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Intuitive Eating

Intuitive Eating: What, When, and Why!?

What is it?

The idea of intuitive eating, in my opinion, would suggest following regular hunger signaling, eating to satiety, focusing on quality food sources right in micronutrients aka not using this as a means to eat like an a**hat, and then going about your business until the next time hunger strikes.

This sounds like a simple thing, yet many different interpretations exist. Cravings are not the same, in my opinion, and tend to be emphasized when talking about intuitive eating, but, I will save that topic for another time.

As I didn't want to limit this post to my own definition, I wanted to get other opinions on intuitive eating. It's important for me to disclose that my interpretation is reflective of my area of work, therefore I reached out to some RD's to get THEIR definitions to share with you. Here are some of the answers I received (swipe)

"Personally, I define IE a being mindful with your food, making sure you are eating a variety of foods to meet micronutrients, listening to your hunger cues/eating when you are hungry, not necessarily restricting but also not eating like an a**hole LOL" -Aliza S. RD

"I would define it as a framework to help people with disordered eating/ED. Its learning how to completely heal from an ED. To get away from any triggers and focus on fixing their mindset and not focusing on weight at all. It’s unlearning diet behaviors, getting over food fears, getting in tune with how foods make you feel, and learning how to detach self worth from your body." -April R. RD

"Intuitive Eating , put simply, is a series of concepts that can be used to apply to your lifestyle and mindset in effort to become more in tune with your eating habits. It was a program written by two registered Dietitians Elyse Resch and Evelyn Tribole that I highly recommend if this is something someone is interested in learning more about. The way I like to explain it is if you think back to when you were a baby, we were born very intuitive, we cried when we needed food, then we were given the food, and then spit out the bottle (or boob) when we were done. Very simple times - no peer pressure, no cravings, or sexy advertising from the media to alter our mind as to what we wanted to eat or needed. It was for many of us the one time in our lives that we were able to truly be intuitive.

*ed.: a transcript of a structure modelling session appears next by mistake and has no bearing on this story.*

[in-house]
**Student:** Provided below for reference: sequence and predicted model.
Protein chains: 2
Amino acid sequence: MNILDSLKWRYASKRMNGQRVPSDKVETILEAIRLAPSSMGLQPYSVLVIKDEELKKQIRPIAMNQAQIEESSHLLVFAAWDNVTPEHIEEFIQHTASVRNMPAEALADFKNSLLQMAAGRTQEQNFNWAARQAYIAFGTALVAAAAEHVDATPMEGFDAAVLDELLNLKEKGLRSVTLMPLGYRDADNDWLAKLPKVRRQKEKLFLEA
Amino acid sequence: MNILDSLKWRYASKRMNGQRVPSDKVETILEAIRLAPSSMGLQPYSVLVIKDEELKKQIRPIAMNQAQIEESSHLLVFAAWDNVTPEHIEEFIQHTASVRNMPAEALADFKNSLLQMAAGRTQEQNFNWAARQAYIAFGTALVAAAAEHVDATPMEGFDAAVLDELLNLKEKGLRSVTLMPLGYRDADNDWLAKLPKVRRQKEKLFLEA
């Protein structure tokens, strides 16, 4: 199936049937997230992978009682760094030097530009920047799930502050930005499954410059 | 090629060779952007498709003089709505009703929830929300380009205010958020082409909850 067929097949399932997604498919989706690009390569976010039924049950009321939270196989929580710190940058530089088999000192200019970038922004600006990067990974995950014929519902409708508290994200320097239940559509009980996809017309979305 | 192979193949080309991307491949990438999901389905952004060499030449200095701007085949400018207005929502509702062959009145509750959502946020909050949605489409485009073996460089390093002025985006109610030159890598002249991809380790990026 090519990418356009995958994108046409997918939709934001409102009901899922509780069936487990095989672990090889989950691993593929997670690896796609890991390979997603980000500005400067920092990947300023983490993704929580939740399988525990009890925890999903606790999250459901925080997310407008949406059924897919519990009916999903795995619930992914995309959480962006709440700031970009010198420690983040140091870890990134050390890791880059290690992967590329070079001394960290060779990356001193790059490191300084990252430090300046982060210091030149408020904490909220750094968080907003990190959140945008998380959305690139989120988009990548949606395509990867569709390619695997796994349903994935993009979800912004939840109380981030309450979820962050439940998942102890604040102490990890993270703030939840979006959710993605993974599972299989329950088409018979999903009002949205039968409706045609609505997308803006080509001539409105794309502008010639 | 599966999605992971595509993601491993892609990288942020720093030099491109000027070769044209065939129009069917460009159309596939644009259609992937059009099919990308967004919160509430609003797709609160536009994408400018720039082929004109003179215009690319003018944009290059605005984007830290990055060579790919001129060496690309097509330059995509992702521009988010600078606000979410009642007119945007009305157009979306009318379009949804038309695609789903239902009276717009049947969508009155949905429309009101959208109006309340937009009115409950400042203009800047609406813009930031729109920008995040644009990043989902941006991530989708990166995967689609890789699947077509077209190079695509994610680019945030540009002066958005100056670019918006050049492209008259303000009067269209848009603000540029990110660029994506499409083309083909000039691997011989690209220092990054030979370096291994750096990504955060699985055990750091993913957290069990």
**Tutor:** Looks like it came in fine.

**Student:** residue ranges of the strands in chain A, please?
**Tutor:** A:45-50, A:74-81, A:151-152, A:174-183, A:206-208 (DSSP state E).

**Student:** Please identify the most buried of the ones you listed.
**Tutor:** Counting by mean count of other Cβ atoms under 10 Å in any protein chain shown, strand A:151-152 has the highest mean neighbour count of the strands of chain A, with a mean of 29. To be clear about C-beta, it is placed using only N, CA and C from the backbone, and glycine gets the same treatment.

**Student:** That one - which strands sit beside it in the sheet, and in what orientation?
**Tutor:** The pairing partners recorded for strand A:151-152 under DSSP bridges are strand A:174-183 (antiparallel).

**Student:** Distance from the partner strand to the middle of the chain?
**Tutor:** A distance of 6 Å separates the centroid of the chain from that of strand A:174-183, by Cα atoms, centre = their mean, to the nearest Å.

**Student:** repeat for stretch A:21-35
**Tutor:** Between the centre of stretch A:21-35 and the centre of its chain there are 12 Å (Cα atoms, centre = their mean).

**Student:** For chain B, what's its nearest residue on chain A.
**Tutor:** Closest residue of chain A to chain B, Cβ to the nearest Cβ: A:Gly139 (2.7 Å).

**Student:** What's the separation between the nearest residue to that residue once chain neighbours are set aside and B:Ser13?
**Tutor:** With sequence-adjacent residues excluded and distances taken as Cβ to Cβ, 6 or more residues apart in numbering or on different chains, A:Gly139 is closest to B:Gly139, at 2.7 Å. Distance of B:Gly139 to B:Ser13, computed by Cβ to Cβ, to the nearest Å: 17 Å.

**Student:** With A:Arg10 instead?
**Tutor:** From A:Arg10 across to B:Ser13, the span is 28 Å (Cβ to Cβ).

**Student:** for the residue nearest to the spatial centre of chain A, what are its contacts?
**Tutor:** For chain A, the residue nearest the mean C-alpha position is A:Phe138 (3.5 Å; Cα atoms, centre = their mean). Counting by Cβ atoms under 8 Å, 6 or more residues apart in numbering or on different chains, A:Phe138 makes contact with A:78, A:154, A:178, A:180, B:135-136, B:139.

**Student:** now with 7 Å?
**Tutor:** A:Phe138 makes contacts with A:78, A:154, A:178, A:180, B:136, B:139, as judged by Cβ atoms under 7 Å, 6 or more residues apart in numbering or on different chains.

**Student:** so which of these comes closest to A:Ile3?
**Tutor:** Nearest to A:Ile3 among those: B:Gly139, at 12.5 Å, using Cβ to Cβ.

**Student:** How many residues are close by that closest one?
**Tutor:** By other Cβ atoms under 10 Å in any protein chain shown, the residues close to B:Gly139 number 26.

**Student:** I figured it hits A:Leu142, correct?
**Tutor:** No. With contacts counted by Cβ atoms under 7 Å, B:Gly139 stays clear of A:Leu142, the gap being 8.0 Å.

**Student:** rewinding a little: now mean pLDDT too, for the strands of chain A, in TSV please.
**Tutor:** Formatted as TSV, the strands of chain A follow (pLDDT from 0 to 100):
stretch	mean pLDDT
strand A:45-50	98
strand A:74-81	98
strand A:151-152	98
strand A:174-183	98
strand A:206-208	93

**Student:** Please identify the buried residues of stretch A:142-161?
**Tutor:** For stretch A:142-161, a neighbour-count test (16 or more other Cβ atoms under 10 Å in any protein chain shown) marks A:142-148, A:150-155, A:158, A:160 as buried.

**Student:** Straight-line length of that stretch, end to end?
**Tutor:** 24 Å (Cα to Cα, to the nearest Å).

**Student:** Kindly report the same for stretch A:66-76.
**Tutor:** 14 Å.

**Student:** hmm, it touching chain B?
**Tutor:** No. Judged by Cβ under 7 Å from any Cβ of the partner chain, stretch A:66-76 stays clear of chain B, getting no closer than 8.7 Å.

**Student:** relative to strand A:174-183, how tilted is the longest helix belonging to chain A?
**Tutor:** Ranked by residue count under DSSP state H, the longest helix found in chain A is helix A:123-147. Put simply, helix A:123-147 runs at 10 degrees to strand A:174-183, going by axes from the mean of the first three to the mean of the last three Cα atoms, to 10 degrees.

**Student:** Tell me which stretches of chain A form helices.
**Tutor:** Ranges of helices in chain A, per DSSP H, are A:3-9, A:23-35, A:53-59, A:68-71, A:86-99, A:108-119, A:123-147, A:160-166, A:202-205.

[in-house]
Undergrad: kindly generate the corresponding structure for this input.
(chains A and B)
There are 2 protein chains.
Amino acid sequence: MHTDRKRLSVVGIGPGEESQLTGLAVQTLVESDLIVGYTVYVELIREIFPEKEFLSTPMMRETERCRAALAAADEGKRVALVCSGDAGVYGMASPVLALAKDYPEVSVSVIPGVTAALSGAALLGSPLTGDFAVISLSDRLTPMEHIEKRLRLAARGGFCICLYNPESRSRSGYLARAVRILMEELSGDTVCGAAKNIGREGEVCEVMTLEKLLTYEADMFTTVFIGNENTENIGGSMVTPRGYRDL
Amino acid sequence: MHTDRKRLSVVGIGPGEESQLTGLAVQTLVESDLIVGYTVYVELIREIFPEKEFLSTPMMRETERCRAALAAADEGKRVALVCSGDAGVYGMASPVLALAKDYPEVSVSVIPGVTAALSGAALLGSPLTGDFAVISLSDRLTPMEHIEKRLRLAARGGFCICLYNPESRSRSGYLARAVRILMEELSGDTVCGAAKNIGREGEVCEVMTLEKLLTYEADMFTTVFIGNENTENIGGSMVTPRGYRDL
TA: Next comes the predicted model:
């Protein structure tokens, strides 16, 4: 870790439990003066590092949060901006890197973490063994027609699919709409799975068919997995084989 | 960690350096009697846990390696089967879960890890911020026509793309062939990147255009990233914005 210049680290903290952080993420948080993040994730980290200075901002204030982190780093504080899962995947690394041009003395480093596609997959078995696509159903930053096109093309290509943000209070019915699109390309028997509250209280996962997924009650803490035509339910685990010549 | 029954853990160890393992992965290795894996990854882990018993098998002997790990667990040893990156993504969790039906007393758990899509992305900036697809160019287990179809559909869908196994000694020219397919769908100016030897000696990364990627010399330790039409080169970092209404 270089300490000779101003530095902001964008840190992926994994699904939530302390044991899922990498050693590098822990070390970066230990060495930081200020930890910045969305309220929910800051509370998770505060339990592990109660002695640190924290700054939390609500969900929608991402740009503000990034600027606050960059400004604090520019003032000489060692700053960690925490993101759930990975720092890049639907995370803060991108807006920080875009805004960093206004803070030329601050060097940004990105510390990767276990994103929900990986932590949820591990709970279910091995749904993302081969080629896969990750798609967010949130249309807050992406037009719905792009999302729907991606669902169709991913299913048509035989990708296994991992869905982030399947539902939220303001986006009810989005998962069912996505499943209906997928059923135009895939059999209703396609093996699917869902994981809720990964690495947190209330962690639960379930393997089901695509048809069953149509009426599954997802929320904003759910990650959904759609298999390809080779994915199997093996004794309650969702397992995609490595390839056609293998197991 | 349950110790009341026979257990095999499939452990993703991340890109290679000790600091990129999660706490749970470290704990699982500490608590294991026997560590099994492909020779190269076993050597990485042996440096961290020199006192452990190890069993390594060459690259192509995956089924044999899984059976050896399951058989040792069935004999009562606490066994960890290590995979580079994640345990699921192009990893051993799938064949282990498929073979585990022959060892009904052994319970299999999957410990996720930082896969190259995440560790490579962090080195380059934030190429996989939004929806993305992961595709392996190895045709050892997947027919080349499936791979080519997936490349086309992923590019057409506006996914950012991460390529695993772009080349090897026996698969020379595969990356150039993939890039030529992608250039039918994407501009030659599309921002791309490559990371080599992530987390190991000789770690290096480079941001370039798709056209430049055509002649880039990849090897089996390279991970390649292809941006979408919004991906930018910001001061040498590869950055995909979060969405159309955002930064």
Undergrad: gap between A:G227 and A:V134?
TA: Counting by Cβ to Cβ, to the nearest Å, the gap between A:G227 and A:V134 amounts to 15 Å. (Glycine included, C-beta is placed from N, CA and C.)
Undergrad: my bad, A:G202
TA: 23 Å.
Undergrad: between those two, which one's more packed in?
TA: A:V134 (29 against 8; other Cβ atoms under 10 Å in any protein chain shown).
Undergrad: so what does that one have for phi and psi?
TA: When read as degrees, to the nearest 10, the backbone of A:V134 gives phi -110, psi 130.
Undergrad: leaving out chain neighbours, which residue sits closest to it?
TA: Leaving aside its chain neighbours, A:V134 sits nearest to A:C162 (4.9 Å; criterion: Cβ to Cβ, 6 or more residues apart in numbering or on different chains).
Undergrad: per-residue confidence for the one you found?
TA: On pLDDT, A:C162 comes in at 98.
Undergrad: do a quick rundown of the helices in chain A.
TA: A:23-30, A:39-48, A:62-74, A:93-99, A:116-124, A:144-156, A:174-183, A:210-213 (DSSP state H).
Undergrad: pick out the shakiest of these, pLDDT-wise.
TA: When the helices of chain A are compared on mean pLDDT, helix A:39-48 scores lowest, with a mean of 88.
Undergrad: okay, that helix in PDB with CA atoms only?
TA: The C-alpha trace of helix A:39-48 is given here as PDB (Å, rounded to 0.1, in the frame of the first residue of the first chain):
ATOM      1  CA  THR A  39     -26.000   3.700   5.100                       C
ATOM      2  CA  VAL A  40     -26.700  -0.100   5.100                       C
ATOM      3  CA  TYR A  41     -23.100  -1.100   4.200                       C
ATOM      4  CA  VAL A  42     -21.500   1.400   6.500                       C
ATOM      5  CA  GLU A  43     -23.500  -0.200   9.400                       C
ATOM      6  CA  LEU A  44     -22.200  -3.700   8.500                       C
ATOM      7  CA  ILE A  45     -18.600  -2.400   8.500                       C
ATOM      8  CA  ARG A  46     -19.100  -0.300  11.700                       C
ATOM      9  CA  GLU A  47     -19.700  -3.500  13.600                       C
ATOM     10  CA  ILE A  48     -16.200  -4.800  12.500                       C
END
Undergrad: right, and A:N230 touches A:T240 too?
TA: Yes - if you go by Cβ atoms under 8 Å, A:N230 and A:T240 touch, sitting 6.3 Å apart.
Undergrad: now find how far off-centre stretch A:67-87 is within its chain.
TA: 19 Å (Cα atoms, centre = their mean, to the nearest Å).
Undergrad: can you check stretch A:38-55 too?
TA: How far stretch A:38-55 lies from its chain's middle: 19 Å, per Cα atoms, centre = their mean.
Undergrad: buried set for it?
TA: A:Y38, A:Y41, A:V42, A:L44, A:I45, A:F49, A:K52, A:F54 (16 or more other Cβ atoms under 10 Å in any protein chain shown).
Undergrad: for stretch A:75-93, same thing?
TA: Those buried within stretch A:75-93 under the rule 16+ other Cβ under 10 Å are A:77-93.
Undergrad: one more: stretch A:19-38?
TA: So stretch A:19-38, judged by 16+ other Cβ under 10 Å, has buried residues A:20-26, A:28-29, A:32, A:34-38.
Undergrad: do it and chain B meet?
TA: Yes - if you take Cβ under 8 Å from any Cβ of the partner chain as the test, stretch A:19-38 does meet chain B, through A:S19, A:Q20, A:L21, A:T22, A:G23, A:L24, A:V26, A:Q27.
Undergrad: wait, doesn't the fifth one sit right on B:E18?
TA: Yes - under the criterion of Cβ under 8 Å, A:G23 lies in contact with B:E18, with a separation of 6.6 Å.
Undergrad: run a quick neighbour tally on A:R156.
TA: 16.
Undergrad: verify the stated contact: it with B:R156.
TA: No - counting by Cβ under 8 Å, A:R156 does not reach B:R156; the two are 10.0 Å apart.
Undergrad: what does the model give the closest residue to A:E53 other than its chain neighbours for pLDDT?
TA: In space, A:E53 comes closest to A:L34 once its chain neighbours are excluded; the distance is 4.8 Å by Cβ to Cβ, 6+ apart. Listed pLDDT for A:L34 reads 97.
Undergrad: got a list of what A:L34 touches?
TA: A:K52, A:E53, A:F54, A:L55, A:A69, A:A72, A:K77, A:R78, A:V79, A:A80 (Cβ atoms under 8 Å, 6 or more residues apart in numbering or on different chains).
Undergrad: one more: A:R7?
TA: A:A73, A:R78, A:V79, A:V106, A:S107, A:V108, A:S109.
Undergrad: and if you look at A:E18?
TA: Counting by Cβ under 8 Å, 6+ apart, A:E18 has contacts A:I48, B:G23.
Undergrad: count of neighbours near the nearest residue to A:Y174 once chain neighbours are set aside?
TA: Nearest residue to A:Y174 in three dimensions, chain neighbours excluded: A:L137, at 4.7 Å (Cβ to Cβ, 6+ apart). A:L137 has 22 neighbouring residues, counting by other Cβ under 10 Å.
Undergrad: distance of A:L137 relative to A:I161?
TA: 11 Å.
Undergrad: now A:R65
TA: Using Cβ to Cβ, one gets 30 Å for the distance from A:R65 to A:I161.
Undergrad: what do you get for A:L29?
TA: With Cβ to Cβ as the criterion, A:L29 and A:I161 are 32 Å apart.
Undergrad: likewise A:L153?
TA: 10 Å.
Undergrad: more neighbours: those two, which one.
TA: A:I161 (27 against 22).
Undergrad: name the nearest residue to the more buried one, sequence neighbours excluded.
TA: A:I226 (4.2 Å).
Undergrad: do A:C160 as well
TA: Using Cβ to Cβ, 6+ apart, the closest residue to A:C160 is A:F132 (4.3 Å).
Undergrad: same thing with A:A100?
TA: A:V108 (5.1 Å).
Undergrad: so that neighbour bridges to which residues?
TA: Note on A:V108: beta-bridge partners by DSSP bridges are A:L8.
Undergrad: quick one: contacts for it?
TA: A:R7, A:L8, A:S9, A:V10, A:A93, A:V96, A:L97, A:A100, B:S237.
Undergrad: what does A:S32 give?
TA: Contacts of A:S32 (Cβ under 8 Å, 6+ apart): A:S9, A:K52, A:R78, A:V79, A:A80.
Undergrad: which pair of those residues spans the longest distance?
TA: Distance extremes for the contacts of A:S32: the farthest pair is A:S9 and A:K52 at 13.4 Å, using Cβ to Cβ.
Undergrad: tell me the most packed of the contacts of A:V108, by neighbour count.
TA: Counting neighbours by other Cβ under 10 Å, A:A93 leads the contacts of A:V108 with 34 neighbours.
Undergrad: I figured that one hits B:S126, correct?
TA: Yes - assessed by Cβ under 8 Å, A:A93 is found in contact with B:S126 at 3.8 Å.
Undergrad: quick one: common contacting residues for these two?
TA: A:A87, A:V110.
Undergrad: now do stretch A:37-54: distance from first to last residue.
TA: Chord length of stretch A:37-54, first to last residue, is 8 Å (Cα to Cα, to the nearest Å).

As we grow up and learn habits from our families, remember being told you "HAVE To finish your plate" before you leave the table? That's one that stands out to me. These are things that can be instilled in us and influence our eating habits and choices in a way that goes against being in tune with truly what our body wants. Maybe you were raised hearing "good and bad foods", or certain foods were "off limits" in your household, or maybe you grew up seeing family members restrict or dieting, thinking that was the way. Maybe money and food scarcity was something that you recall from your childhood now influencing how you eat. For everyone it's different what we were exposed to that then shapes our eating habits as we become an adult and on our own to make our own choices.